In a consumer driven world it is easy to see how we can get sucked in to the mindset of having to buy more and more for our children. There is a lot of pressure put on parents to aid their child’s development and challenge their cognitive abilities by purchasing the latest all singing, all dancing “educational” toy. And to top it all off, the advertisers have gone to great lengths to sink their claws directly into our little ones, to entice them into desiring their product and to ask for each and every item.
Though just five minutes before they were doing just fine without it, now it is a matter of life and death that they have this particular toy in their hands. Nothing less will do.
And yet, days, if not hours later, the toys all get forgotten, as the children turn their attention to the new enticing adverts for the things they don’t yet have.
It is a dangerous cycle, sending a strong message of consumerism, greed and waste to the mouldable young minds of our children.
But what should we as parents do? We don’t want to stunt their development and deny them learning opportunities, but it is obvious that this rampant consumerism is not working for either parent or child. The children complain that they have nothing to play with whilst surrounded by a room full of toys.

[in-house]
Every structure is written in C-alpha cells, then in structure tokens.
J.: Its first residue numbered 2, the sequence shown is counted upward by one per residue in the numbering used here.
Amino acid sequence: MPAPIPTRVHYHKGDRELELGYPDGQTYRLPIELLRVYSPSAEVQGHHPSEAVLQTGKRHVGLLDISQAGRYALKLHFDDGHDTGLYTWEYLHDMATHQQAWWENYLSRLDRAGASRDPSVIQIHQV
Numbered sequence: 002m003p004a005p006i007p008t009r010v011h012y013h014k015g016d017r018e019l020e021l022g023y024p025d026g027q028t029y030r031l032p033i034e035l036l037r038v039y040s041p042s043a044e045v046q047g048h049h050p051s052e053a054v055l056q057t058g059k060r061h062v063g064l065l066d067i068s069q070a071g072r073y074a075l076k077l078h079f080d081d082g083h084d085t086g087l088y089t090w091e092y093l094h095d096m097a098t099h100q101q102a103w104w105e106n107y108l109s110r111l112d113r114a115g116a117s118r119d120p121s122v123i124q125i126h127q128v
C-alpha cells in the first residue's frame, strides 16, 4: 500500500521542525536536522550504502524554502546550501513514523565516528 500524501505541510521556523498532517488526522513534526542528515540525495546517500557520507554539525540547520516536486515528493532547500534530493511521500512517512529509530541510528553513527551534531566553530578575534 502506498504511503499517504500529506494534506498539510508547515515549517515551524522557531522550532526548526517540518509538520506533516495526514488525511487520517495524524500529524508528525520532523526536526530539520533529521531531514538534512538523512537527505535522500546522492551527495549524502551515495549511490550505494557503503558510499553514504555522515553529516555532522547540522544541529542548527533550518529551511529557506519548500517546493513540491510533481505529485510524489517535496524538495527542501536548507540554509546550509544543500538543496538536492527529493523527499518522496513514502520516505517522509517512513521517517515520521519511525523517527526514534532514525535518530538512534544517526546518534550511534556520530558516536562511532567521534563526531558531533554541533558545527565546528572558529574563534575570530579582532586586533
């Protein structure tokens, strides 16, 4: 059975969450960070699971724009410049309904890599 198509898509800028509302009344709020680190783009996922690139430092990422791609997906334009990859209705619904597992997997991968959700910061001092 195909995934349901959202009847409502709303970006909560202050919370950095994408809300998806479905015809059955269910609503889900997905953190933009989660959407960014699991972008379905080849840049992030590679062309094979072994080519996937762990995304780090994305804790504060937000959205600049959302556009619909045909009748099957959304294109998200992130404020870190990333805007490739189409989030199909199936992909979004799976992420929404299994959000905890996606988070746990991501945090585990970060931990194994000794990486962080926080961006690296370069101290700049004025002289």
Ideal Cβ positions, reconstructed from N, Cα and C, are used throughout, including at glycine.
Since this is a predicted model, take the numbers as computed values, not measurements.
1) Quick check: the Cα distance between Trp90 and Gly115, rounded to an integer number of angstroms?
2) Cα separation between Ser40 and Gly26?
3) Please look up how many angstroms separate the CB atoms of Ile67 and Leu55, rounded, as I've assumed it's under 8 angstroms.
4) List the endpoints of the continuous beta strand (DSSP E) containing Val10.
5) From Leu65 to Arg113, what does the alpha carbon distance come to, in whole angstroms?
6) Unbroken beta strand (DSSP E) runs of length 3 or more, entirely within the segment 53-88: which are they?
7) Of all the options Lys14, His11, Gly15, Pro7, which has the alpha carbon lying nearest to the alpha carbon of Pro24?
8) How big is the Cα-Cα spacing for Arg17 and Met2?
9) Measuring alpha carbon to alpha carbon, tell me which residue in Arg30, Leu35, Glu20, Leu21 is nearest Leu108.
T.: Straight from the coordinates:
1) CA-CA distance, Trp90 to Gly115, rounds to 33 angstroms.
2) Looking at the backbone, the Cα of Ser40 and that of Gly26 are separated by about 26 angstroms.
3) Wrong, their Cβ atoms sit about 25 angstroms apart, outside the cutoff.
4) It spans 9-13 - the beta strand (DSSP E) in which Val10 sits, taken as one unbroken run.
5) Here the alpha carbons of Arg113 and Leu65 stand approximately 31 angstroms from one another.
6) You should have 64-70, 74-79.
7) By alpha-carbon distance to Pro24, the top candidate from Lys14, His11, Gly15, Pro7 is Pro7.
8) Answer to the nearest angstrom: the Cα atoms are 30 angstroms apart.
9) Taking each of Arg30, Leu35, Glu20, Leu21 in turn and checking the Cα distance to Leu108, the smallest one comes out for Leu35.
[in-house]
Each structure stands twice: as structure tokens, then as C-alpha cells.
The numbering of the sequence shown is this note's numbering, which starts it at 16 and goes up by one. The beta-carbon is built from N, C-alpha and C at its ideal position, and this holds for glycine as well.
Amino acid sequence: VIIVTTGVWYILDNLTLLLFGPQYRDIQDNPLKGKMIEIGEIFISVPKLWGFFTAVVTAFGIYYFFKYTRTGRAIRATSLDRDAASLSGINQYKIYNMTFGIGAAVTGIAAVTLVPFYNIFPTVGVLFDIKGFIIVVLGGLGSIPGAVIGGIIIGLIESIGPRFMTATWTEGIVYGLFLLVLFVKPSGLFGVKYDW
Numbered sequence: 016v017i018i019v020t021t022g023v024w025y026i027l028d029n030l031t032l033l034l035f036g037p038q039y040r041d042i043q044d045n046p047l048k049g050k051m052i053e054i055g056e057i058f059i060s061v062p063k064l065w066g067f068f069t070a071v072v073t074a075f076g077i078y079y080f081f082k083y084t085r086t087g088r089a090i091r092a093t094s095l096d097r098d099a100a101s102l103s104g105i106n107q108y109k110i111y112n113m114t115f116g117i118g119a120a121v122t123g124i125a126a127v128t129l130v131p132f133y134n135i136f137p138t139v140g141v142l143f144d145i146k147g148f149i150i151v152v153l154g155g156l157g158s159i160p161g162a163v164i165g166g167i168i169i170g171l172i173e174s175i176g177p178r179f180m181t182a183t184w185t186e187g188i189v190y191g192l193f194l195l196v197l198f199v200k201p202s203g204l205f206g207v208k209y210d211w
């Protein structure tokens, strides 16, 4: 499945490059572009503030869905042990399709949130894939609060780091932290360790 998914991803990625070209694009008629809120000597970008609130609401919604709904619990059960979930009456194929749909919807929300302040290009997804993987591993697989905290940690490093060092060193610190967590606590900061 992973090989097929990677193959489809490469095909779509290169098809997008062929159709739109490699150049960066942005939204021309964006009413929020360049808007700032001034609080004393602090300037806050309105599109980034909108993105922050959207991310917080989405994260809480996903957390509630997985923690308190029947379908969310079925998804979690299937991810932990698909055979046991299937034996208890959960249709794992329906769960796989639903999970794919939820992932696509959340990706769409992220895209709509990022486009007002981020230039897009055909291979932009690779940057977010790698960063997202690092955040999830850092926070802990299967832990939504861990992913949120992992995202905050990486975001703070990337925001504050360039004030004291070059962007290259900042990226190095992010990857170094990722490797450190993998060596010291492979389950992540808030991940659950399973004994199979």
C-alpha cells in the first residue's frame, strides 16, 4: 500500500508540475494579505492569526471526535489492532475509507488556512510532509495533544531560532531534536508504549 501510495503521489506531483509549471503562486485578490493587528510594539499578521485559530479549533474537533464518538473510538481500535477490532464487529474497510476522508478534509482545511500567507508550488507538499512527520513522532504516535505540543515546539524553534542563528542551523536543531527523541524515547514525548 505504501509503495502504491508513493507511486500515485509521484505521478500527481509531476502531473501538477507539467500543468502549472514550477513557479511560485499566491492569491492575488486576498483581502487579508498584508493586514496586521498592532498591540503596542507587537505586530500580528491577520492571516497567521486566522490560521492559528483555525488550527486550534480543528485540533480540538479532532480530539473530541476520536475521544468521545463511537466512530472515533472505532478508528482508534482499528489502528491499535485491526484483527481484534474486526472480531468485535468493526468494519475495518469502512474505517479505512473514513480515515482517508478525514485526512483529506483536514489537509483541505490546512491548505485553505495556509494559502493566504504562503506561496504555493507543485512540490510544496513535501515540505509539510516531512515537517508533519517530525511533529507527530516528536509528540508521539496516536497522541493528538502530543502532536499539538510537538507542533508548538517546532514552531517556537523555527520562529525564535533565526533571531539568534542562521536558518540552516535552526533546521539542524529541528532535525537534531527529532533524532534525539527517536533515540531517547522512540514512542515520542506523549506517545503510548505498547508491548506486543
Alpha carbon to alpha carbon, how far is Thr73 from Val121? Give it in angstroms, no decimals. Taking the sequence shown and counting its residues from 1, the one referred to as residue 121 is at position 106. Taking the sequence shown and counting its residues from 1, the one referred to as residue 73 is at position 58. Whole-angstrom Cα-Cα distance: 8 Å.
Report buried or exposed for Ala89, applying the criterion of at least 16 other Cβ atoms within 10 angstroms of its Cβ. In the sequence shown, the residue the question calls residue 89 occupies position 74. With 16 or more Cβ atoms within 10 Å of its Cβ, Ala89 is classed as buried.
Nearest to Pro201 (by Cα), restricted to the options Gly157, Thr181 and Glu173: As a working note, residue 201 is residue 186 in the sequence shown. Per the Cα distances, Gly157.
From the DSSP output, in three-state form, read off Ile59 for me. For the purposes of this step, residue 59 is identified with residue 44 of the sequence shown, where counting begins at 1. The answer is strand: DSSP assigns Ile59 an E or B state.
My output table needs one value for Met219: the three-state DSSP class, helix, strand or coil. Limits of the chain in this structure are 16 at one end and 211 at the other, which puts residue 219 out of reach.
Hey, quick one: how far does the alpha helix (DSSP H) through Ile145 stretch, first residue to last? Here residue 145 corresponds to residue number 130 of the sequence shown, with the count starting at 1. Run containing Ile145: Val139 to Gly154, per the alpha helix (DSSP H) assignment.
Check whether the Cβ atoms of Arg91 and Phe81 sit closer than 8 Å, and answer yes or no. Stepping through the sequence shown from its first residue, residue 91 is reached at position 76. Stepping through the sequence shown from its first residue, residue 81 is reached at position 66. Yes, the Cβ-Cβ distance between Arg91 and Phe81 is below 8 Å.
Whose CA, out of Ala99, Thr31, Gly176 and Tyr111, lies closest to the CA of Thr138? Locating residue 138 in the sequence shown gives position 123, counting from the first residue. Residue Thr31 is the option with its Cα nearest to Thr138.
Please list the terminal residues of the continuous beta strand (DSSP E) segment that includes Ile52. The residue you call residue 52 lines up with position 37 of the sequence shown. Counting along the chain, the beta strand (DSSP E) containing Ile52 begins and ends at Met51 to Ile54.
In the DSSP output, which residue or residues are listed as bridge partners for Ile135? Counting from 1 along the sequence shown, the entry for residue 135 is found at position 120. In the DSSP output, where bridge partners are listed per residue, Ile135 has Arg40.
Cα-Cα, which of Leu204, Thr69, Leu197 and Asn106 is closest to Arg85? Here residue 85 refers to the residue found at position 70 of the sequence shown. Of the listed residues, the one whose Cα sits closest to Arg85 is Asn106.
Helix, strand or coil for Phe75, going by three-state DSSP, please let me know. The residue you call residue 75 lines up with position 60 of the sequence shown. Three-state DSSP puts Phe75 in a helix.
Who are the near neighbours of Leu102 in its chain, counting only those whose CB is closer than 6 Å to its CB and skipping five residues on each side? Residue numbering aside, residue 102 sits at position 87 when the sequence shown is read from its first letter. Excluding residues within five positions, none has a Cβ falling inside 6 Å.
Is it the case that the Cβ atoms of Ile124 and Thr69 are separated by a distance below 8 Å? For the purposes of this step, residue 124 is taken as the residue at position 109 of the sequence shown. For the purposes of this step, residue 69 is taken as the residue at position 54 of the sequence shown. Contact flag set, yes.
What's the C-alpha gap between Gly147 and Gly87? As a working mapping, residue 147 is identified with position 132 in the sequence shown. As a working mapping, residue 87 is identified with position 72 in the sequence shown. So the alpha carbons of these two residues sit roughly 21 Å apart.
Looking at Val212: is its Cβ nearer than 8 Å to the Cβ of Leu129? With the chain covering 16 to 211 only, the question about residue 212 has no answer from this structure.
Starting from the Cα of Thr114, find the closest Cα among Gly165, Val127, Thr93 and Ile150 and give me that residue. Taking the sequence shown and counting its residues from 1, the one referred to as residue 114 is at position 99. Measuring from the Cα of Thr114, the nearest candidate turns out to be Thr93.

So What Toys Do Children Really Need?
The options available to home educating families are wide and varied, and this can often cause confusion to people who don’t know where to start or which path would suit their family best. In this article I have outlined the three most common strains of home education, to give an idea of what each of them involves.
A while ago I wrote a post about my goal to go a week without watching TV. After the initial build up, I found it surprisingly easy, and although it’s been several months since the challenge, I am still feeling the effects now. I have a few programmes that I enjoy watching, but once they are over, the TV goes off. The whole act of watching TV is much more mindful now. I can no longer cope with watching it for the sake of it, and I don’t enjoy having trash on in the background anymore.
Do you have one of those friends? You know, the kind that comes to visit and spends the entire time checking their phone, texting and “Just taking a quick call.”
I actually had two. One was an old friend, who had her computer permanently on, with facebook up and ready on the screen. When I would visit her, she would be half hearing me, half updating her status’s and replying to messages. My other friend was surgically attached to her phone, constantly looking at it rather than me, and I started to wonder why she even bothered coming round.
It is now 10 days since we unplugged the television from the wall, and still, the plug remains laying on the carpet. The TV table has slowly filled up with other items, so now when I look over at it, the big black square is obscured by a bag of bricks, a pile of books and a few odds and ends which I should probably put away!